The only part of the event which was disappointing was the Q & A. I often take the view at this type of event that anyone putting their hand up to ask a question should be automatically disqualified from doing so. And so it proved this evening, with the nutter question quota unusually high. I suspect if this had been a New Labour event all the questions would have been planted. I'm not advocating we do that, but it would perhaps have been better to have had no Q & A.
And so to the Built to Last document. There's always a degree of motherhood and apple pie in this type of statement of aims, but reading it on the train home, there is actually more to this than just a simple run through of traditional Conservative values. If you want to run through the whole document, you can download it HERE. Read in particular the words which are underneath each of the 8 statement of aims in the section What We're Fighting For. They are quite thought provoking, especially the sections on public services and the role of government. I was amused to see the David Davis line of 'standing up for the victims of state failure' given prominence. I could see DD's handiwork in the section on Security and Freedom, which was also highlighted in DC's speech. He made a clear pitch for smaller and less intrusive government and made clear he intends the Conservative Party to take a stand against ineffective authoritarianism. He said he did not want to live in a country with ID cards, where you could be taking your dog for a walk and be 'asked for your papers'. Hear, hear to that.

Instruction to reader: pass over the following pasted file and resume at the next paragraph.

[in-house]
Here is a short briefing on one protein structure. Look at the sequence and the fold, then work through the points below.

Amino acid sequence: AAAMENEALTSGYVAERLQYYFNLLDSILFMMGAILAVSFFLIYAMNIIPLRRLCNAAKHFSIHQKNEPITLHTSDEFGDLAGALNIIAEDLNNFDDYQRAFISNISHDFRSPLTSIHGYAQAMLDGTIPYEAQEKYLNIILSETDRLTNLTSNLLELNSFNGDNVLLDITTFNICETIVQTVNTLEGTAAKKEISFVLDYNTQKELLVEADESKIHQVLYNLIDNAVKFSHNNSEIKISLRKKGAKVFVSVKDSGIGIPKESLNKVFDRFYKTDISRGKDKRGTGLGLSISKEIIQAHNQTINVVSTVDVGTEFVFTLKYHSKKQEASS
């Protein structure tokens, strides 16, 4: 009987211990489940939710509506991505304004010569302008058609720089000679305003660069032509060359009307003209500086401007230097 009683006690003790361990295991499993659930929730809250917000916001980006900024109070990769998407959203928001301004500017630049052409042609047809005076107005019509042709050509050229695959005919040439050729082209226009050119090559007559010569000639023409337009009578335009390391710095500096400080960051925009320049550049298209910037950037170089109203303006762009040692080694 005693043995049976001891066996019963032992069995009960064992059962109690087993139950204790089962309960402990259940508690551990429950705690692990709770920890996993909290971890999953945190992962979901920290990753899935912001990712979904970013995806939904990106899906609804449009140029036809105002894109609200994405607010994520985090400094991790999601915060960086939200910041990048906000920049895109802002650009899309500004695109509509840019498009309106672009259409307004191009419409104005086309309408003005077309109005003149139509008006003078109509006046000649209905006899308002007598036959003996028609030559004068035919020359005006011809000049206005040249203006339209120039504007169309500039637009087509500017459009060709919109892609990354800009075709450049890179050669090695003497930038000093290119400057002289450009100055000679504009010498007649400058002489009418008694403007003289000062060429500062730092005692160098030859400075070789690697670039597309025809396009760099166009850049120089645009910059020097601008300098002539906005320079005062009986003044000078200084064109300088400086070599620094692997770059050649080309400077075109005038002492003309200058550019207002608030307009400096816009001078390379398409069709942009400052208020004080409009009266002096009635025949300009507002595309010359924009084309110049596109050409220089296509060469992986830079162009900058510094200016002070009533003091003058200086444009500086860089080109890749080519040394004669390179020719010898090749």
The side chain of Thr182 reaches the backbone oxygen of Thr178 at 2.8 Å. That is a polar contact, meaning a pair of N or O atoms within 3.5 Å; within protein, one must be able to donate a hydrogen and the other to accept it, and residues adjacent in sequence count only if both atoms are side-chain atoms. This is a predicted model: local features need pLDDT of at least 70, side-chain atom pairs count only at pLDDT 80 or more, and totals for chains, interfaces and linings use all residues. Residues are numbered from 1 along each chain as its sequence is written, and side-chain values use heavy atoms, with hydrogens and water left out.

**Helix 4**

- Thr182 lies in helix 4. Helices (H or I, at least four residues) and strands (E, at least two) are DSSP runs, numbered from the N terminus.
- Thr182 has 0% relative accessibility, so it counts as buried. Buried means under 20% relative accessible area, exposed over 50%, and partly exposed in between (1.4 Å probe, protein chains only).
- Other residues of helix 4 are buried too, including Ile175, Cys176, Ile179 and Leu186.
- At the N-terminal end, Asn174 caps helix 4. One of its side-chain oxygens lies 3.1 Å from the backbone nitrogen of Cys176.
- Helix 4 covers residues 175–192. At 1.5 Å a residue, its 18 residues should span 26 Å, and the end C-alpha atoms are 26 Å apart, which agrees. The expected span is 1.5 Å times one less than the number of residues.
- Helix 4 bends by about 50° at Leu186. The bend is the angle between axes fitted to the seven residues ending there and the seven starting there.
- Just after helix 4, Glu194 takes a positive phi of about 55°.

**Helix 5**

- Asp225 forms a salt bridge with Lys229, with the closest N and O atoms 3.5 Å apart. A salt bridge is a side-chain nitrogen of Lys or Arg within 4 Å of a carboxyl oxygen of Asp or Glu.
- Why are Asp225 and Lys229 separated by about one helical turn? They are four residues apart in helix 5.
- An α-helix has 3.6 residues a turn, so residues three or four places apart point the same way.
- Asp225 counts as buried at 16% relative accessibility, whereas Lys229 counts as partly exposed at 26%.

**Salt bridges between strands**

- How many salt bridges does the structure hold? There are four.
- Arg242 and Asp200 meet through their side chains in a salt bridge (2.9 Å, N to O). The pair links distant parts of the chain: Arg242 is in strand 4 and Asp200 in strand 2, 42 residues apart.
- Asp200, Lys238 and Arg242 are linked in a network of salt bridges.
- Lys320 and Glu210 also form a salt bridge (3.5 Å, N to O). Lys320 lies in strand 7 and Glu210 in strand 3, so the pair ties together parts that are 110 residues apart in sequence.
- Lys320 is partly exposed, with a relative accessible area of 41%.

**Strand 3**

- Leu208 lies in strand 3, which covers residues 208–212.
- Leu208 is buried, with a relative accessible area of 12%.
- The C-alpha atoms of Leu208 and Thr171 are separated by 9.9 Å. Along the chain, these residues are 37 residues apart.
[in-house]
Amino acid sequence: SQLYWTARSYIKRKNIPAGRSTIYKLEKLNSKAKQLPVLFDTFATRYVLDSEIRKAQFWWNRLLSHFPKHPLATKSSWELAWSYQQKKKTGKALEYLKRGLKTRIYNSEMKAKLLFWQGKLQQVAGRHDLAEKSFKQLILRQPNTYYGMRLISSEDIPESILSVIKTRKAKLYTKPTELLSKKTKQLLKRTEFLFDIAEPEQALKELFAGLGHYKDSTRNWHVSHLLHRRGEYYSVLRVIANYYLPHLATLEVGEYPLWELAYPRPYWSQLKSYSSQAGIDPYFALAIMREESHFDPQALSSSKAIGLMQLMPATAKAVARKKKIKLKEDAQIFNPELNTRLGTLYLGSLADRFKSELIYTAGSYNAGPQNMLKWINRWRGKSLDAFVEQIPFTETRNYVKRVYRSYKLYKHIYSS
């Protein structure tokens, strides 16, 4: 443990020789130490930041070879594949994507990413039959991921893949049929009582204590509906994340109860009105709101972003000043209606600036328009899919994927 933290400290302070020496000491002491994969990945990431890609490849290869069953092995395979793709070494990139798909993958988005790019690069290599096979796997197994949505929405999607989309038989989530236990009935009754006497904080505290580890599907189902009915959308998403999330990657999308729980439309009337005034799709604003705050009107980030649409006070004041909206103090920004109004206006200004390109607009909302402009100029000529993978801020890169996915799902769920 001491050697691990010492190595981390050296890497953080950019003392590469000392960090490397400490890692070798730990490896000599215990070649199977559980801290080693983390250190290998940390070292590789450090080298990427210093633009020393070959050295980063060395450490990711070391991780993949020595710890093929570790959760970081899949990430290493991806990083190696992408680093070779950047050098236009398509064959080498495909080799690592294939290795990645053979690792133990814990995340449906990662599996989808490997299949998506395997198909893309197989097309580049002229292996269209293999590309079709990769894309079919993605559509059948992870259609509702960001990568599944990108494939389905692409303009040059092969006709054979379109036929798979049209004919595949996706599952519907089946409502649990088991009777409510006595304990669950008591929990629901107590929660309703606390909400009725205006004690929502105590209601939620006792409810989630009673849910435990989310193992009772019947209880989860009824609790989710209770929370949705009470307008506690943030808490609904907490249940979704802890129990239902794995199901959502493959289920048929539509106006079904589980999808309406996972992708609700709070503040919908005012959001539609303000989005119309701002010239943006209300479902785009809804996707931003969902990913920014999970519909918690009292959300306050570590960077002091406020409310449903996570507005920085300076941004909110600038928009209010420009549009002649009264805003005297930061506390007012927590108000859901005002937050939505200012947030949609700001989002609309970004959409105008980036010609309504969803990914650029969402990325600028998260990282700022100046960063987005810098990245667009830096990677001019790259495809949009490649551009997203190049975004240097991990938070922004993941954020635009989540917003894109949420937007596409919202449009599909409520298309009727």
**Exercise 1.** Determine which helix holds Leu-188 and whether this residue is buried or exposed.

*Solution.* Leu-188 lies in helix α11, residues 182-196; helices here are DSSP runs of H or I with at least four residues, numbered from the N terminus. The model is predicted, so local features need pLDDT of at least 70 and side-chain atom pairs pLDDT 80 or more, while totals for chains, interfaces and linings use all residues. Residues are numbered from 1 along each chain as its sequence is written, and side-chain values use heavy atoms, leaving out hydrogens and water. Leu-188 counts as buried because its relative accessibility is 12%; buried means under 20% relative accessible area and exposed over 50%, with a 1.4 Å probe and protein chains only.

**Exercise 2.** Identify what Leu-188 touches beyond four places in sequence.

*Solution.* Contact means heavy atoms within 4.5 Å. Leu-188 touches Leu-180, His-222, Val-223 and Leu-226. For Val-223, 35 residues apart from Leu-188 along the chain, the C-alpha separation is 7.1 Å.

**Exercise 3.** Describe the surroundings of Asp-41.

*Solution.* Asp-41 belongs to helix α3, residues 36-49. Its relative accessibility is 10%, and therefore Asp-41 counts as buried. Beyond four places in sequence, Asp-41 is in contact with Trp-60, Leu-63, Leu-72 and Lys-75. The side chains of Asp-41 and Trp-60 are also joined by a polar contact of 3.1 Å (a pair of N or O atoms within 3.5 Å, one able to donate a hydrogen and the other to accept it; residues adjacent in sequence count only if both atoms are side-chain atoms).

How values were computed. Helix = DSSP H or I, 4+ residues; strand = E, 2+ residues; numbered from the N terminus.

All in all, a very worthwhile exercise, which has had great media coverage and reenforced the message that the Conservative Party is changing. The emphasis now is on what it is changing to, rather than what it has changed from. And that is certainly progress.